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Impact of Deregulation of Syringes in New York State on the Number of Syringes Discarded on the Street & the Willingness of Pharmacists to Sell Syringes to Injection Drug Users

Principal Investigator: David Vlahov, Ph.D. , Director
Publications Type: Journal Article
Author(s): Fuller C.M., Ahern J., Vadnai L., Coffin P.O., Galea S., Factor S.H., Vlahov D.
Article Title: Impact of increased syringe access: preliminary findings on injection drug user syringe source, disposal, and pharmacy sales in Harlem, New York
Journal: Journal of American Pharmaceutical Association
Volume/Issue/Pages: 42, 6 Suppl 2: S77-82
Year: 2002
Abstract:
OBJECTIVE: To evaluate the New York State Expanded Syringe Access Demonstration Program (ESAP) through injection drug user (IDU) surveys, discarded needles and syringes studies, and pharmacy sales and experiences surveys. DESIGN: Pre-post comparison. SETTING: In Harlem, New York City, risk surveys among street-recruited IDUs, needle/syringe street counts on 27 systematically sampled city blocks, and Harlem pharmacist reports of sales and experiences. MAIN OUTCOME MEASURES: Number and types of IDU syringe sources, block mean counts of discarded needles and syringes, level of pharmacy nonprescription syringe sales (NPSS), and pharmacists' experiences. RESULTS: Comparing 209 pre-ESAP with 396 post-ESAP IDUs, pharmacies as a primary syringe source increased: 3.4% to 5.3% (P < .001, and ever pharmacy use increased: 4.9% to 12.5% (P < .001), respectively. Compared with pre-ESAP IDUs, post-ESAP IDUs tended to be younger and more often black. Harlem pharmacy participation in ESAP increased considerably from March 1, 2001, to March 1, 2002, 49% to 79%, respectively. Among three Harlem pharmacies, there was a modest increase in NPSS; pharmacists reported no problems, and no discarded needles and syringes were observed in pharmacy areas. In the three pharmacies, the proportion of syringe sales that were NPSS was 46% (110 to 240 NPSS/month), 3% (25 to 90 NPSS/month), and 0%. The mean ratios of needles/syringes to background trash have not increased in Harlem since ESAP began. CONCLUSION: To date, no evidence of harmful effects discarded needles/syringes, pharmacy altercations) resulting from ESAP were observed. While NPSS have increased in Harlem, pharmacy use among IDUs remains low. In Harlem, efforts are underway to increase ESAP awareness and reduce socioenvironmental barriers to ESAP.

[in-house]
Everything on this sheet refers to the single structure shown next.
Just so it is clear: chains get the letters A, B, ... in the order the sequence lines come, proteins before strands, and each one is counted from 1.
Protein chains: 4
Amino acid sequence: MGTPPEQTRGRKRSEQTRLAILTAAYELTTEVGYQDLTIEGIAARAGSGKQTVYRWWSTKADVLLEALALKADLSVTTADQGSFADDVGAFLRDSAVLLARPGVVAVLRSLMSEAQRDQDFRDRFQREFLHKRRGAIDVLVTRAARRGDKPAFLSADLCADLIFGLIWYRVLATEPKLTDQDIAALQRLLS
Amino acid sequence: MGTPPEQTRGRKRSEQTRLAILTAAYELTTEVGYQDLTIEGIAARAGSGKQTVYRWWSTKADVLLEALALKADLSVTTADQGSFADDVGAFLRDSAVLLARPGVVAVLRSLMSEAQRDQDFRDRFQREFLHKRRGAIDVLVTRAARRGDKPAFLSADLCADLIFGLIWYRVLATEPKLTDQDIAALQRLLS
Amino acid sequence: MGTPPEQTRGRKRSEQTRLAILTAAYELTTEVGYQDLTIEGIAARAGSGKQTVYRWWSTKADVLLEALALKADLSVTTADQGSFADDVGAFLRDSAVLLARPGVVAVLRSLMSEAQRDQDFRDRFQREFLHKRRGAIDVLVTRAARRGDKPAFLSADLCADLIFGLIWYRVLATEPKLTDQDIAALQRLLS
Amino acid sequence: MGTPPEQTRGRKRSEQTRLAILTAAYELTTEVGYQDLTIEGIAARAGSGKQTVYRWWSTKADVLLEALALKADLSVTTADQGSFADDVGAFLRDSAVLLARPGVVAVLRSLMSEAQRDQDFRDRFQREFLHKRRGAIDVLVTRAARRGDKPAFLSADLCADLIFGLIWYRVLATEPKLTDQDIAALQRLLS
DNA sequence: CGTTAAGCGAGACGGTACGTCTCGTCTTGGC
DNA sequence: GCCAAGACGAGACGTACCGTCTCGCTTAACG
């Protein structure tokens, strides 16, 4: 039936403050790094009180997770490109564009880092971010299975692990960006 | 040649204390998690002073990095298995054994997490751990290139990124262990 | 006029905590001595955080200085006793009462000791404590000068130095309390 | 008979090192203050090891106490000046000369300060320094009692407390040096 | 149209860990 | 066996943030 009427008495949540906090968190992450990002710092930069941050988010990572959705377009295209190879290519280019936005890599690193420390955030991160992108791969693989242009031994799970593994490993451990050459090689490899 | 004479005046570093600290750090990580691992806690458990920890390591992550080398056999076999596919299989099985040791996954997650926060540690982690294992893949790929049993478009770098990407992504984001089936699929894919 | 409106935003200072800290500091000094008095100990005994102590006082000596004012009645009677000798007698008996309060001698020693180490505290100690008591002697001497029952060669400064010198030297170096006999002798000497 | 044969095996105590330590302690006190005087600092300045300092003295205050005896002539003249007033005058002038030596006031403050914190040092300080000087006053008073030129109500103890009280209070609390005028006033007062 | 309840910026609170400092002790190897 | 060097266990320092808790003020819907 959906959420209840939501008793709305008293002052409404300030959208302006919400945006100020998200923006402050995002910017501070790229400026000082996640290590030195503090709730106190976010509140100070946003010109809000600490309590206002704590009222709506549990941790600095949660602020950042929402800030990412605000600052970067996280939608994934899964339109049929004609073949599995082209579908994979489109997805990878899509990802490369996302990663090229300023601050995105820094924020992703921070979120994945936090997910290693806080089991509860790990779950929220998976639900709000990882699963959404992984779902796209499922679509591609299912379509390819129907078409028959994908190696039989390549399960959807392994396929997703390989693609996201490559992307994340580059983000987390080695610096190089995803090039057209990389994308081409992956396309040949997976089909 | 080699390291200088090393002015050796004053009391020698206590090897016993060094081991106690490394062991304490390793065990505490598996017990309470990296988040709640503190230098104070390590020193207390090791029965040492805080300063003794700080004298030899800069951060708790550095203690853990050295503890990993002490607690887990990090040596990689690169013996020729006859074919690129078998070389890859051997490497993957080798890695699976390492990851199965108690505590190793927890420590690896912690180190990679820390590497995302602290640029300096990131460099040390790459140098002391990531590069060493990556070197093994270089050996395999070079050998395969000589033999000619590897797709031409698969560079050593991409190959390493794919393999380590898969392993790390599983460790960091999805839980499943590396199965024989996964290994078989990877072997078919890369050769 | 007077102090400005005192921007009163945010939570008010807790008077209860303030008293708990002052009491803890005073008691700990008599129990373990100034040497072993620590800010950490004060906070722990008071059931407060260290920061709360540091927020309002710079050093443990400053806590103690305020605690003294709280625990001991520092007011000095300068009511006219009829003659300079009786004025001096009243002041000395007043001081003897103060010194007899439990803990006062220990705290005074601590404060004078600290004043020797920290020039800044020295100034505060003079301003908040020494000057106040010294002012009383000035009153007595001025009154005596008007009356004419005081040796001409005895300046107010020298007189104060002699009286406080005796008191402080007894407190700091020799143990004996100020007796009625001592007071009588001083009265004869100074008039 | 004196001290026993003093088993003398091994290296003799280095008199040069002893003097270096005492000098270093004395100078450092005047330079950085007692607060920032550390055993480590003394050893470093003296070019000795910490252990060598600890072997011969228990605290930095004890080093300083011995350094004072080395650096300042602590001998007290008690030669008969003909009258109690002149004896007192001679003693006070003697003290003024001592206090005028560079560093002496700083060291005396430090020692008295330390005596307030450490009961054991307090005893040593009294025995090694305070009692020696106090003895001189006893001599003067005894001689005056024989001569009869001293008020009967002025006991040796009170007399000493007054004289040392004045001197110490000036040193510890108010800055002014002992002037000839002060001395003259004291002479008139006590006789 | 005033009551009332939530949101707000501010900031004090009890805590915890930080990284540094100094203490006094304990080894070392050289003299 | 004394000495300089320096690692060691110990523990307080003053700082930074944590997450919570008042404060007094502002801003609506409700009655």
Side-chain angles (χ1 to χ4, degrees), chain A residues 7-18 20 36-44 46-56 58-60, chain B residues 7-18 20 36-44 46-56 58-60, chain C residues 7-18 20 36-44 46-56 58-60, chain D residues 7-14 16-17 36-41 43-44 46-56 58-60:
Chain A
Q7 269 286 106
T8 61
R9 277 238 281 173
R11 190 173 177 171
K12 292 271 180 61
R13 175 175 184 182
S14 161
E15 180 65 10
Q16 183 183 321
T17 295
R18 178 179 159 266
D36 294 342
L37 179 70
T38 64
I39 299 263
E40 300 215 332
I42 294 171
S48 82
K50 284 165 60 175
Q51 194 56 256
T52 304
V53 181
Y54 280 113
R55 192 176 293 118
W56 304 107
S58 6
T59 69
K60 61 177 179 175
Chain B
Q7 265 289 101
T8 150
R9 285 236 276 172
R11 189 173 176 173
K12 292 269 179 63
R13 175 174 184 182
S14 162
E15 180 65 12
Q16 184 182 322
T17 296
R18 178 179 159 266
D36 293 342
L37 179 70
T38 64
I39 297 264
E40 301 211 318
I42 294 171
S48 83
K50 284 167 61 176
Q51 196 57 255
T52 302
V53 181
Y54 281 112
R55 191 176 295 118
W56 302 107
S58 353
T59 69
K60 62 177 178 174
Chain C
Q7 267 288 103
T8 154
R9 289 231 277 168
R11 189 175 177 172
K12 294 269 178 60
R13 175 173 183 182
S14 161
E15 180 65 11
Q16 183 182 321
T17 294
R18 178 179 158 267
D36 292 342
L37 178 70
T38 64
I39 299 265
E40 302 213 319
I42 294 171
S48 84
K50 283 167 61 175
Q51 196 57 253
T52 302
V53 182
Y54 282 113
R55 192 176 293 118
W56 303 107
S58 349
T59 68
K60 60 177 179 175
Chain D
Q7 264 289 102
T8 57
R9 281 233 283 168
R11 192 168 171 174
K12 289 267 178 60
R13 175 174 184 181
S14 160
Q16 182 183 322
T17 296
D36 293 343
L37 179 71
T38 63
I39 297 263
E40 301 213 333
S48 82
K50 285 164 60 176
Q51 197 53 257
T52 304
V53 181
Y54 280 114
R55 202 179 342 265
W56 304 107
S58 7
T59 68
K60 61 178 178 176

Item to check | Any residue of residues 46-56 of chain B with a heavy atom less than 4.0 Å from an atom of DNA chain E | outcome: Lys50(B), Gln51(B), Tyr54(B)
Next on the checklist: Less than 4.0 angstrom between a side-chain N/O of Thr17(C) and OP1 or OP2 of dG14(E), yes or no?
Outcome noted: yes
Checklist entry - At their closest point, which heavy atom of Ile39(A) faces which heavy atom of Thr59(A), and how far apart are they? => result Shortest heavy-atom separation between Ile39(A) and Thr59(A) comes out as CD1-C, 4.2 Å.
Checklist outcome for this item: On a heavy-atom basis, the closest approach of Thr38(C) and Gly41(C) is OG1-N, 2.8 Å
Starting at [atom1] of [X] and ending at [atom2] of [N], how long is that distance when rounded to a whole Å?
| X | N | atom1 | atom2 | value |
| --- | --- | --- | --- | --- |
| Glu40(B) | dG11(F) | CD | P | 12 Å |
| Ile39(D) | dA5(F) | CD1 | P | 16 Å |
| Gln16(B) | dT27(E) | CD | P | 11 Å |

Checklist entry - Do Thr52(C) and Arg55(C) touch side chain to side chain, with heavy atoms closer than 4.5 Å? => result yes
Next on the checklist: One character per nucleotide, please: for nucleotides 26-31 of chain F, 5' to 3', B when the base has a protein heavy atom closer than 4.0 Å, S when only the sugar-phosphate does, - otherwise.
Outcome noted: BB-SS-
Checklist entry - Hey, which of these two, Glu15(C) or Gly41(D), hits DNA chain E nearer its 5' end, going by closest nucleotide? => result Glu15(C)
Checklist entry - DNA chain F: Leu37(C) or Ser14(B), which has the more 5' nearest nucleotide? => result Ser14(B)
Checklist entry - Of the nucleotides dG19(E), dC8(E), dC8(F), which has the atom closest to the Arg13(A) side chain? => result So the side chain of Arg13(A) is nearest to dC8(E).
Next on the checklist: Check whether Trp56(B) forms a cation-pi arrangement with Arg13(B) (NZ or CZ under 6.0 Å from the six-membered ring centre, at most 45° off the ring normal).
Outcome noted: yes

Publications Type: Journal Article
Author(s): Coffin P.O., Ahern J., Dorris S., Stevenson L., Fuller C., Vlahov D.
Article Title: More pharmacists in high-risk neighborhoods of New York City support selling syringes to injection drug users
Journal: Journal of American Pharmaceutical Association
Volume/Issue/Pages: 42, 6 Suppl 2: S62-7
Year: 2002
Abstract:
OBJECTIVE: To document changes in pharmacists' opinions and practices from the time of passage to implementation of a law permitting selling syringes without a prescription (the Expanded Syringe Access Demonstration Program [ESAP]). DESIGN: Two cross-sectional randomized telephone surveys. SETTING: High-risk neighborhoods of New York City. SUBJECTS: Pharmacists. MAIN OUTCOME MEASURES: Support for selling syringes without a prescription to injection drug users (IDUs). RESULTS: We completed 130 surveys at baseline (BL) in August 2000, from neighborhoods with high numbers of injection-related acquired immunodeficiency syndrome (AIDS) cases and 231 surveys at law change (LC) in January 2001. To correct for differences in sampling, we limited the analysis to pharmacies in ZIP Codes represented in both samples and weighted results to adjust for the median income level of those postal codes. From BL (n = 83) to LC (n = 84), law awareness increased (43% to 90%, P < .001), as did personal support for selling syringes without a prescription to IDUs (36% to 63%, P < .001). From BL to LC, a larger proportion of supporters believed that selling syringes was an important part of human immunodeficiency virus (HIV) prevention and would help decrease HIV transmission, and a smaller proportion was concerned about customer discomfort and increased drug use. A total of 40% of respondents were ESAP registered at LC but registration was not associated with support for selling syringes to IDUs. CONCLUSIONS: Support for ESAP among pharmacists increased in high-risk neighborhoods as the program was implemented. The finding that some pharmacists were ESAP registered but did not support selling syringes to IDUs and others were supportive, but not ESAP registered, may have program implications.